First of all lets sort out the name, VACTERL Association is a revision of the previous name VATER Syndrome, which others still use to this day. Since the name was founded, it has been noted that other issues are also connected, thus the name was expanded to cover these new areas. Whilst both names describe the same condition, we like to use the more descriptive VACTERL Association, but at the end of the day we are talking about the same thing. In time who knows, maybe this name will be expanded even more!
VACTERL Association is not a singular condition, it is a collection, or as we like to call it an association of birth defects all connected in some way. To put it simply, a set of non-random birth defects.
No specific genetic or chromosome defect has been identified with VACTERL association as yet, although VACTERL related issues can be seen with some chromosomal defects, such as Trisomy 18. Whilst there is currently speculation that it can be a seen more readily in children of diabetic mothers, VACTERL association is thought to stem from multiple factors meaning it's origin is unknown at present.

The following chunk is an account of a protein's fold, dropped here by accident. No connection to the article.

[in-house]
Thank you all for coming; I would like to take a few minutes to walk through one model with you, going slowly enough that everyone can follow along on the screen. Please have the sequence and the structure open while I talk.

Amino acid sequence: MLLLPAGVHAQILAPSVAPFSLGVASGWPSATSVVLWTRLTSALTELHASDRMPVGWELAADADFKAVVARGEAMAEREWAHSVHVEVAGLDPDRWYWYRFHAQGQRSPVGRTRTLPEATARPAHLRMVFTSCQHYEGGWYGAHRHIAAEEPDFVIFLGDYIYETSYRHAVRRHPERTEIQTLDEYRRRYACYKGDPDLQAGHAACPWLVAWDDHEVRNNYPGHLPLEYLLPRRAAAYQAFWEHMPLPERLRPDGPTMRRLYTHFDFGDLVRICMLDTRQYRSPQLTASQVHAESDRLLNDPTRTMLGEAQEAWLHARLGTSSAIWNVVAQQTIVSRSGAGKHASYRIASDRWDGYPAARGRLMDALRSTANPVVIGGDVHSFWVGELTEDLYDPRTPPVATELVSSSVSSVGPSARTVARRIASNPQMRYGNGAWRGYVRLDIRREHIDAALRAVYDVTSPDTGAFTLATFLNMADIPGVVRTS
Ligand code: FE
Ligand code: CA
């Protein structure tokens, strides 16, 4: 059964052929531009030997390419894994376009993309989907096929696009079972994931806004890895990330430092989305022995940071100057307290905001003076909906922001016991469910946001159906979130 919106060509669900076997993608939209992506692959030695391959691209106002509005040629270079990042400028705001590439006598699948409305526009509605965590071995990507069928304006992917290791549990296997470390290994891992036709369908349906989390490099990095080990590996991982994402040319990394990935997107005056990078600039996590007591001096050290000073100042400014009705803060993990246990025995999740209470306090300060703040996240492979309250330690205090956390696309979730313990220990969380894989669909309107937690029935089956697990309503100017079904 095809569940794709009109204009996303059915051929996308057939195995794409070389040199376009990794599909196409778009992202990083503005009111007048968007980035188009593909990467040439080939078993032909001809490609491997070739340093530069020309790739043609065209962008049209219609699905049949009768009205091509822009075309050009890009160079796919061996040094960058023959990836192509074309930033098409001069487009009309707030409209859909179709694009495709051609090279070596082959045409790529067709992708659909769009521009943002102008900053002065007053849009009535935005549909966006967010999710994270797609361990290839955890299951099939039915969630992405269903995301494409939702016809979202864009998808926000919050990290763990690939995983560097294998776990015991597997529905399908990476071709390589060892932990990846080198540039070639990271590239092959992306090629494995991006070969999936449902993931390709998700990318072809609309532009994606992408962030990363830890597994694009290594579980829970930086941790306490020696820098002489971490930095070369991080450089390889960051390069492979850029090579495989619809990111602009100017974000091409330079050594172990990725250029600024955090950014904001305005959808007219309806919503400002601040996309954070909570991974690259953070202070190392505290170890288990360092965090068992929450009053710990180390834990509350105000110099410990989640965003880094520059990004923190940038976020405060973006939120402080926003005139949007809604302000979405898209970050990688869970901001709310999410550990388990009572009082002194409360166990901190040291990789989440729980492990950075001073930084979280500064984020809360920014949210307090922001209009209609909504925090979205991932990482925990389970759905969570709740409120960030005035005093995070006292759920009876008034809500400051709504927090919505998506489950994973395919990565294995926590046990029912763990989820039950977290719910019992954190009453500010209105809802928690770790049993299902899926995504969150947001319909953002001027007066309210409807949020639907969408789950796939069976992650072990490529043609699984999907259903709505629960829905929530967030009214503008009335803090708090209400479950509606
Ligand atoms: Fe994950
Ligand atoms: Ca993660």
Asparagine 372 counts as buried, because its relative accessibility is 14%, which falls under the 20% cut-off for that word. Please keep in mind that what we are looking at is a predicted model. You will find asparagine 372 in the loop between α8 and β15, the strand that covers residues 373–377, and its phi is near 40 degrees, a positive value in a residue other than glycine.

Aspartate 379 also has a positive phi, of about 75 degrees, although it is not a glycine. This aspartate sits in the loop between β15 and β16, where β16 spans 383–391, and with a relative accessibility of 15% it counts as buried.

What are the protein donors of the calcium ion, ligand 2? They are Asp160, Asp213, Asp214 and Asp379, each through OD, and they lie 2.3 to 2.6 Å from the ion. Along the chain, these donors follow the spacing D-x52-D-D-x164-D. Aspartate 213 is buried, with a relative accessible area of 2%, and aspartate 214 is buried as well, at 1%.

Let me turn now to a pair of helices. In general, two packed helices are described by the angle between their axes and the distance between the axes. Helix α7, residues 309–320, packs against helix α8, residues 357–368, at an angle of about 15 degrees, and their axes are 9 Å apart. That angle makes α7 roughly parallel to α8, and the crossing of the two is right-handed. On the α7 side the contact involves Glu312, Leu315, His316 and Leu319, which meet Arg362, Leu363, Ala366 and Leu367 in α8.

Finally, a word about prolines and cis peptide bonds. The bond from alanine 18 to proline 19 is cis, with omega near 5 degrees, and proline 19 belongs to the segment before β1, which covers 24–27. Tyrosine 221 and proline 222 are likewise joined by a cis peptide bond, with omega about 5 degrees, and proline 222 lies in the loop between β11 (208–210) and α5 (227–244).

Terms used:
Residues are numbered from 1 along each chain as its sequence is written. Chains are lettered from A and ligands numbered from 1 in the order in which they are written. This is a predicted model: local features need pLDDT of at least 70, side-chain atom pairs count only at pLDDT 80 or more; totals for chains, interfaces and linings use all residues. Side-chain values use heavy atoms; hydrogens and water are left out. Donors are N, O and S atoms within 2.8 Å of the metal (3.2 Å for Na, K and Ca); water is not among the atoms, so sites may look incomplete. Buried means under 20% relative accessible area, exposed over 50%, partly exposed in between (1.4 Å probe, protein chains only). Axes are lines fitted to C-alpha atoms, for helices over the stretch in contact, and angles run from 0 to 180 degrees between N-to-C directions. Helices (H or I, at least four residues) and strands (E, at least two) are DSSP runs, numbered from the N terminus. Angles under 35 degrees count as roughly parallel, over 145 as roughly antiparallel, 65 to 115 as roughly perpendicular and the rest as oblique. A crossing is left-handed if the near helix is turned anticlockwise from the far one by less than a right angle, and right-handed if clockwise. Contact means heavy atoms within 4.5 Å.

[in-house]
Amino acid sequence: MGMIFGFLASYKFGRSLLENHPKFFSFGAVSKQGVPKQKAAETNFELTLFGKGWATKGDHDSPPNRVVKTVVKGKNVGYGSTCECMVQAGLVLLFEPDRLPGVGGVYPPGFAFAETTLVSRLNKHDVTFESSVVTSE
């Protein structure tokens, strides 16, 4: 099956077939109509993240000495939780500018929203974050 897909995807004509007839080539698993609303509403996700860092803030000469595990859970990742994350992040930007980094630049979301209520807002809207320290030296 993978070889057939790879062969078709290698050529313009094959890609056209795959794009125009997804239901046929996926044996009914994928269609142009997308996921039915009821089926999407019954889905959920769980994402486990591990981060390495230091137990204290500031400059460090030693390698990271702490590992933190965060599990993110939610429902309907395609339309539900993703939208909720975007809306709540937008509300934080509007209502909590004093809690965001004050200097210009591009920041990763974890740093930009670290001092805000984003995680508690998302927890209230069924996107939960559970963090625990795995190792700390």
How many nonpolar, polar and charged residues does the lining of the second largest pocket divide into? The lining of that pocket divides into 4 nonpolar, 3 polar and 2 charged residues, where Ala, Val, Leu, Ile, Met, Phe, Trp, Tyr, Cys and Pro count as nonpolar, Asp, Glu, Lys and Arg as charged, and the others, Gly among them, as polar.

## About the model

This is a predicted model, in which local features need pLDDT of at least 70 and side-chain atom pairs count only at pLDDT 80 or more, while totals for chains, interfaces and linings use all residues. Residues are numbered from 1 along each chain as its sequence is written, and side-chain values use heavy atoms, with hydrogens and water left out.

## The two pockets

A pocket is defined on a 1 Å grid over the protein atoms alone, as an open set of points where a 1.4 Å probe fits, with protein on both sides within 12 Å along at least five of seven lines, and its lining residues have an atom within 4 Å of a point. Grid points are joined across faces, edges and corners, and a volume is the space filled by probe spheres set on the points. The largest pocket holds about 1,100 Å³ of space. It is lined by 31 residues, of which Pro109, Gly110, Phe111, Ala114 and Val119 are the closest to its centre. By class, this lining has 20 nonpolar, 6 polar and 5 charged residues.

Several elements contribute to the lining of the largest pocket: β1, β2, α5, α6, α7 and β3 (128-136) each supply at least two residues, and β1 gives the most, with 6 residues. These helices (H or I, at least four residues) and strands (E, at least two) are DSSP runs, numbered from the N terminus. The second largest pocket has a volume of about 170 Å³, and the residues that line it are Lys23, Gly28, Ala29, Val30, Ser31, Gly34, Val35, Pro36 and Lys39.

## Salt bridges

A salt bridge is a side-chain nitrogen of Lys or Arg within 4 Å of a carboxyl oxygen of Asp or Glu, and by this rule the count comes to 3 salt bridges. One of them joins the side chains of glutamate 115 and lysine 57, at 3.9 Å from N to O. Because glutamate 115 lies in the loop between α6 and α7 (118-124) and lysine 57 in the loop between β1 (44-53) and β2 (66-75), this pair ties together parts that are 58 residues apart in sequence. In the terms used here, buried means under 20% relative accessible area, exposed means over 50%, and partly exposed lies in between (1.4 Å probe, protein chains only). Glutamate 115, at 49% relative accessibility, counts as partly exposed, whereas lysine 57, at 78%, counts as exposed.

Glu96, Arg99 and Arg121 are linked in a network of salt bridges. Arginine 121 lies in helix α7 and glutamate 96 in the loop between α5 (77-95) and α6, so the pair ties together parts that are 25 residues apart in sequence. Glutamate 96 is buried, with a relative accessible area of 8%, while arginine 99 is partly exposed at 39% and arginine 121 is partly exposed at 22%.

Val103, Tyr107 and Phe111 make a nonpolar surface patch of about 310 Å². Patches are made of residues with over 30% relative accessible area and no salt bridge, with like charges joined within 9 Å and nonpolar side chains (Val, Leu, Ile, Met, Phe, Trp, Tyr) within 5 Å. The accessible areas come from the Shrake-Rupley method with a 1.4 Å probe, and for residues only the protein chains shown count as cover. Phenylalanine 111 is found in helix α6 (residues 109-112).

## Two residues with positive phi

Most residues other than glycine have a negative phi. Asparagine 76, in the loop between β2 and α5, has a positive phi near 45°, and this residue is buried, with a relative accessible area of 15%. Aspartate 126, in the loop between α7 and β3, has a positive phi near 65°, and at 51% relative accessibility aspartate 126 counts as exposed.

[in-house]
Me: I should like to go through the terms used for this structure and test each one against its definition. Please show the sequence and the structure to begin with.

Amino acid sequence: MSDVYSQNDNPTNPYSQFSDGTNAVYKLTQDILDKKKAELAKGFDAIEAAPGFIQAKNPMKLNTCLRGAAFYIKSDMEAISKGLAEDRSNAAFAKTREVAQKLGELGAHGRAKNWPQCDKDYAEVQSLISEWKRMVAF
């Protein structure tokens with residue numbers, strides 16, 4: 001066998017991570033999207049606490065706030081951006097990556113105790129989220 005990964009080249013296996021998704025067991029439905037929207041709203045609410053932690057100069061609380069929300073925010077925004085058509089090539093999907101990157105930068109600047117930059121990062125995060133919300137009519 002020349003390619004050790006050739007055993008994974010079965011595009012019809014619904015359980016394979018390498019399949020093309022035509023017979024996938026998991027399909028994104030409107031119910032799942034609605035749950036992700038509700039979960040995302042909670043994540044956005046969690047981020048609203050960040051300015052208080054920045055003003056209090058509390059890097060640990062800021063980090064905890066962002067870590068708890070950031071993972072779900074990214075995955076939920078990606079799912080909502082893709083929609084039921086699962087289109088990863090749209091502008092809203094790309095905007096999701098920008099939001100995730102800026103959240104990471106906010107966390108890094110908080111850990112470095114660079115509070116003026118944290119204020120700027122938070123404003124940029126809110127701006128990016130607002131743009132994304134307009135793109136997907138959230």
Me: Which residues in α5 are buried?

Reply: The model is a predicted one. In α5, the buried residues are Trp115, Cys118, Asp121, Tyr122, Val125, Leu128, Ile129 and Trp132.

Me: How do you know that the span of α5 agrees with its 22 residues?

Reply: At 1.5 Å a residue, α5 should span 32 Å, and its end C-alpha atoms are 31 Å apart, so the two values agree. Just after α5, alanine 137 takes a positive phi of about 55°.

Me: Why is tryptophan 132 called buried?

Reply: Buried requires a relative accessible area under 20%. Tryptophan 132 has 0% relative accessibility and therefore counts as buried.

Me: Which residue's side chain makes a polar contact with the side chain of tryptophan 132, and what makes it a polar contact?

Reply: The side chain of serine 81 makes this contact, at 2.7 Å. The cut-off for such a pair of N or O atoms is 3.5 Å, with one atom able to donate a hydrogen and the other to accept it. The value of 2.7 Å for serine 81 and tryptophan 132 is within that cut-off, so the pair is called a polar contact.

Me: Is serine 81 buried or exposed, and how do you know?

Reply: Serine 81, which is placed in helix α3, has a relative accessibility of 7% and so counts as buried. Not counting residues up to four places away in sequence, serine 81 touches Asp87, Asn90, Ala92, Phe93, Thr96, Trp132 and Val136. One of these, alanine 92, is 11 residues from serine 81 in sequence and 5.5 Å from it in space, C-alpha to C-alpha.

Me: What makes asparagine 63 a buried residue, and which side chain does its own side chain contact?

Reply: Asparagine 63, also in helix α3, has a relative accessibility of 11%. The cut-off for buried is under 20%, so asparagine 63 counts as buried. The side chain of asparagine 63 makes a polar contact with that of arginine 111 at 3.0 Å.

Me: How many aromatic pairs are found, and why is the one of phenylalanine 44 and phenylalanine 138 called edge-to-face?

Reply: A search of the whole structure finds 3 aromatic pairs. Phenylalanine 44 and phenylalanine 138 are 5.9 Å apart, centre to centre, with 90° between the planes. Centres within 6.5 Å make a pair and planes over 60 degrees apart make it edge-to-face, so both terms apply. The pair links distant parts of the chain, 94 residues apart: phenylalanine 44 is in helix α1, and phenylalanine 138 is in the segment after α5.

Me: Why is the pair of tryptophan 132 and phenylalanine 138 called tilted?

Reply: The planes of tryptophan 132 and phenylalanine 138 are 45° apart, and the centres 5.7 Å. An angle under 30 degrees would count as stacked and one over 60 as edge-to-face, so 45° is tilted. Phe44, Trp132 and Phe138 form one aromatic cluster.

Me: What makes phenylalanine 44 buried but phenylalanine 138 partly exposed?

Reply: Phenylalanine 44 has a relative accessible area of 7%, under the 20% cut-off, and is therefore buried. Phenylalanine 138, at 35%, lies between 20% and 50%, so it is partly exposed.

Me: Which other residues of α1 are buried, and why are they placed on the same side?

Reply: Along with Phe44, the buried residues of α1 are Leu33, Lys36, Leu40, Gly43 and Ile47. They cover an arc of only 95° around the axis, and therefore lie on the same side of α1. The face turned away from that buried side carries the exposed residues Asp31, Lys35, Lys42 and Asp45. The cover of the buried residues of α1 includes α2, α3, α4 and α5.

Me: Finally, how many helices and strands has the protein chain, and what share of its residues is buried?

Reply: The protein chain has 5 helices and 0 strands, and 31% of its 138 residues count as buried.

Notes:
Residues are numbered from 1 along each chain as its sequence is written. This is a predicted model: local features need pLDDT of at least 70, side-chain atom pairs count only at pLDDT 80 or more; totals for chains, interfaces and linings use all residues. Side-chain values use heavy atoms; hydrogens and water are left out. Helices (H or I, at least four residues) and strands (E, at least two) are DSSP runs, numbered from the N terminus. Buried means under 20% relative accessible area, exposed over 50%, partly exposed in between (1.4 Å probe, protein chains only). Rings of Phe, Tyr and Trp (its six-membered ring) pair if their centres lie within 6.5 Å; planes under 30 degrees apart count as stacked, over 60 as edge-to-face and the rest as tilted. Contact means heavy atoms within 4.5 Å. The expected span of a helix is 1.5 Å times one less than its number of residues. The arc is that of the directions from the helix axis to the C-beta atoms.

The word VACTERL is made up of the areas that are affected by the condition, with each letter standing for a particular area affected [vertebral, anal, cardio, tracheo-esophageal, renal, limb]. Due to the founding of the name VACTERL being based on the american spelling of the word oesophageal we finally end up with the following acronym V.A.C.T.E.R.L. as can be seen in the left hand menu.
Each area is affected by VACTERL in it's own way, ranging from limb malformations through to kidney issues, with most children being identified with having 3 or more of the affected areas before being classed with VACTERL association.
In addition to VACTERL specific issues, other issues can also be noted as being prevalent in children with VACTERL. Whilst these other issues may not be directly connected to VACTERL, it does seem more likely that a VACTERL child will suffer from these other conditions in addition to VACTERL association.
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